Knowing that they will betray him, deny him, Jesus still chose to come to their encounter.
“I am here for you”
You may turn your back on me as if we are not friends, but I will always know who you are to me—my friend.”
One of the Twelve, the man called Judas Iscariot, went to the chief priests and said, ‘What are you prepared to give me if I hand him over to you?’ They paid him thirty silver pieces, and from that moment he looked for an opportunity to betray him.While he was still speaking, Judas came, one of the twelve, and with him a great crowd with swords and clubs, from the chief priests and the elders of the people.
Now the betrayer had given them a sign, saying, "The one I shall kiss is the man; seize him."
And he came up to Jesus at once and said, "Hail, Master!" And he kissed him.
Jesus said to him, "Friend, why are you here?" Then they came up and laid hands on Jesus and seized him.
What are you prepared to give me if I hand him over to you? This love will not turn back even in betrayals. Love is stronger than death.
“I do all this for you”
“Understand that I love you and everything I am doing is for you to see your beauty and worth. You are the Father’s gift to me; you are mine.”
Now before the feast of the Passover, when Jesus knew that his hour had come to depart out of this world to the Father, having loved his own who were in the world, he loved them to the end.
And during supper, when the devil had already put it into the heart of Judas Iscariot, Simon's son, to betray him,
Jesus, knowing that the Father had given all things into his hands, and that he had come from God and was going to God, rose from supper, laid aside his garments, and girded himself with a towel. Then he poured water into a basin, and began to wash the disciples' feet, and to wipe them with the towel with which he was girded.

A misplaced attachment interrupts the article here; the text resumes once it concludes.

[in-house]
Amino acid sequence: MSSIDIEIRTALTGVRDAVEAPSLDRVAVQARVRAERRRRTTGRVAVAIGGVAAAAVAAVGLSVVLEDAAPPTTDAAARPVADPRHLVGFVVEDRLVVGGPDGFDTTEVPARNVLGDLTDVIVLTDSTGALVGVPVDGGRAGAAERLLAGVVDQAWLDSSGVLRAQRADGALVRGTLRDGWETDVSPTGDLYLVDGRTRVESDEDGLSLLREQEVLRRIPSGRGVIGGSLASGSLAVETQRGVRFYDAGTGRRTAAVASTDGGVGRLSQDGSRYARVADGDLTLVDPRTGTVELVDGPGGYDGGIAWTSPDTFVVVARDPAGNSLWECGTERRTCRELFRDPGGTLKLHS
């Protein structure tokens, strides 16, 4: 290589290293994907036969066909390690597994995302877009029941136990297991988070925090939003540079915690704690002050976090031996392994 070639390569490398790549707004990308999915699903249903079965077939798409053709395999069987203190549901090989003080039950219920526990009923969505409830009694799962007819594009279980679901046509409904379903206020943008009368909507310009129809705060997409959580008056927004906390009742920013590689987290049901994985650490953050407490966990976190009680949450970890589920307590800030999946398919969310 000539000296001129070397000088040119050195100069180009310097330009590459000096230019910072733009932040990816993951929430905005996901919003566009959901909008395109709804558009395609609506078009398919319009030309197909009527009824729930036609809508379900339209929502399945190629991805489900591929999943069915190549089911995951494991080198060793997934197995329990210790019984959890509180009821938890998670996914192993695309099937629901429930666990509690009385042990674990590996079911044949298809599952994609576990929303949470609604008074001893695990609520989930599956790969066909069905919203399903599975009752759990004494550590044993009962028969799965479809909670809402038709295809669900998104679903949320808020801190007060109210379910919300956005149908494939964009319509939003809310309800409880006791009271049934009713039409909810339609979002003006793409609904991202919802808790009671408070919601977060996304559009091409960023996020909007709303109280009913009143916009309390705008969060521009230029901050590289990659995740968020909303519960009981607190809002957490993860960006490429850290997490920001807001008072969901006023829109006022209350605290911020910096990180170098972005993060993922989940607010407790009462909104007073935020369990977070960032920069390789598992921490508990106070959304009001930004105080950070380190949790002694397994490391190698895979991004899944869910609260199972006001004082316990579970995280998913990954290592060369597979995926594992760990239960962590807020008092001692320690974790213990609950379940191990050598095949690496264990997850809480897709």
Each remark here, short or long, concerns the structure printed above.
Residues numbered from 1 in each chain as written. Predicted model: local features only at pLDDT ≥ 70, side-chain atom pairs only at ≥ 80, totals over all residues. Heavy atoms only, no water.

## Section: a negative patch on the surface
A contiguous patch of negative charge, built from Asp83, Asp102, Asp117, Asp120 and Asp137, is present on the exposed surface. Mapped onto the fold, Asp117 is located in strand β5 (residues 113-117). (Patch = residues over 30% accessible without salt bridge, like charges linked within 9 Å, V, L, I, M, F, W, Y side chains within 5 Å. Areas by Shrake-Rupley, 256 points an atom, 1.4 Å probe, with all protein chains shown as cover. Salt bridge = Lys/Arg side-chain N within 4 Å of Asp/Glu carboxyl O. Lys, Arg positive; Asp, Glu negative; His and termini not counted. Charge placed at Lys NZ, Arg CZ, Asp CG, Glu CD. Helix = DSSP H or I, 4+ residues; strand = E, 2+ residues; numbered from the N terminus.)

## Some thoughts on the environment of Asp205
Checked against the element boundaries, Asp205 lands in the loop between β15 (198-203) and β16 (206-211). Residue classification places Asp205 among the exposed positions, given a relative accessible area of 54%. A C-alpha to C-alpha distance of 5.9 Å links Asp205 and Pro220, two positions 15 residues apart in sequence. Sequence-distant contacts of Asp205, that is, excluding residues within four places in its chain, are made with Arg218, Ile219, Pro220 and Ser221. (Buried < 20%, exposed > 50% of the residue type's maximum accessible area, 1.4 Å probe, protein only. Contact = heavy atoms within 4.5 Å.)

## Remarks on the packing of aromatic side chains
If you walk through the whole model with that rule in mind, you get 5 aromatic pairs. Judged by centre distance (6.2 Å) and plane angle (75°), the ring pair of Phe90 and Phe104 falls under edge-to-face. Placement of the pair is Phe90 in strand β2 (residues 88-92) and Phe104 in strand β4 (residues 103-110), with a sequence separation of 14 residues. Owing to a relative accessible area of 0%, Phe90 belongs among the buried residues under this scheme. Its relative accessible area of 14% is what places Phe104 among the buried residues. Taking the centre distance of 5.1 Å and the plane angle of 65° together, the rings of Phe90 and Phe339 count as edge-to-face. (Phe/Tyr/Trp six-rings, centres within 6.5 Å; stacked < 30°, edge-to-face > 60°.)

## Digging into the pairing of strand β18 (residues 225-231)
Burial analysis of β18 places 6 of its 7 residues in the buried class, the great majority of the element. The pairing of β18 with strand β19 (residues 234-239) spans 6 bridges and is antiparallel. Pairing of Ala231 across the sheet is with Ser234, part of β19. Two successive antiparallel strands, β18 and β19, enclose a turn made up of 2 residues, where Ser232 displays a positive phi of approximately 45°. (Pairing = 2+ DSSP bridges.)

He came to Simon Peter; and Peter said to him, "Lord, do you wash my feet?"
Jesus answered him, "What I am doing you do not know now, but afterward you will understand."
Peter said to him, "You shall never wash my feet." Jesus answered him, "If I do not wash you, you have no part in me."
Simon Peter said to him, "Lord, not my feet only but also my hands and my head!"
Jesus said to him, "He who has bathed does not need to wash, except for his feet, but he is clean all over; and you are clean, but not every one of you."
For he knew who was to betray him; that was why he said, "You are not all clean."
When he had washed their feet, and taken his garments, and resumed his place, he said to them, "Do you know what I have done to you?
You call me Teacher and Lord; and you are right, for so I am. If I then, your Lord and Teacher, have washed your feet, you also ought to wash one another's feet. For I have given you an example, that you also should do as I have done to you.
In the midst of a seeming failure, Jesus got up from the table and love those who were his own. He lived and loved without limits.
“I thirst for your life and love”
“I will take the sour wine you give me for now because my love can turn this into a better wine that will quench the thirst of our people.”
After this Jesus, knowing that all was now finished, said (to fulfill the scripture), "I thirst."
A bowl full of vinegar stood there; so they put a sponge full of the vinegar on hyssop and held it to his mouth. When Jesus had received the vinegar, he said, "It is finished"; and he bowed his head and gave up his spirit.
"I thirst!" I thirst for your life and love lived without limits
The silence and coldness of the grave is not void of my presence and love for you. Death always gives birth to life. Stay with me and see Life dawning anew.”
Now there was a man named Joseph from the Jewish town of Arimathe'a. He was a member of the council, a good and righteous man, who had not consented to their purpose and deed, and he was looking for the kingdom of God.This man went to Pilate and asked for the body of Jesus. Then he took it down and wrapped it in a linen shroud, and laid him in a rock-hewn tomb, where no one had ever yet been laid. It was the day of Preparation, and the sabbath was beginning. The women who had come with him from Galilee followed, and saw the tomb, and how his body was laid;then they returned, and prepared spices and ointments. On the sabbath they rested according to the commandment.
The stone rolled away. Death is not the last word, love is!
“I am alive; love is stronger than death!”
First Reading: Acts 10:34a, 37-43
Psalm: Ps 118
Second Reading: Colossians 3:1-4
Gospel: John 20:1-9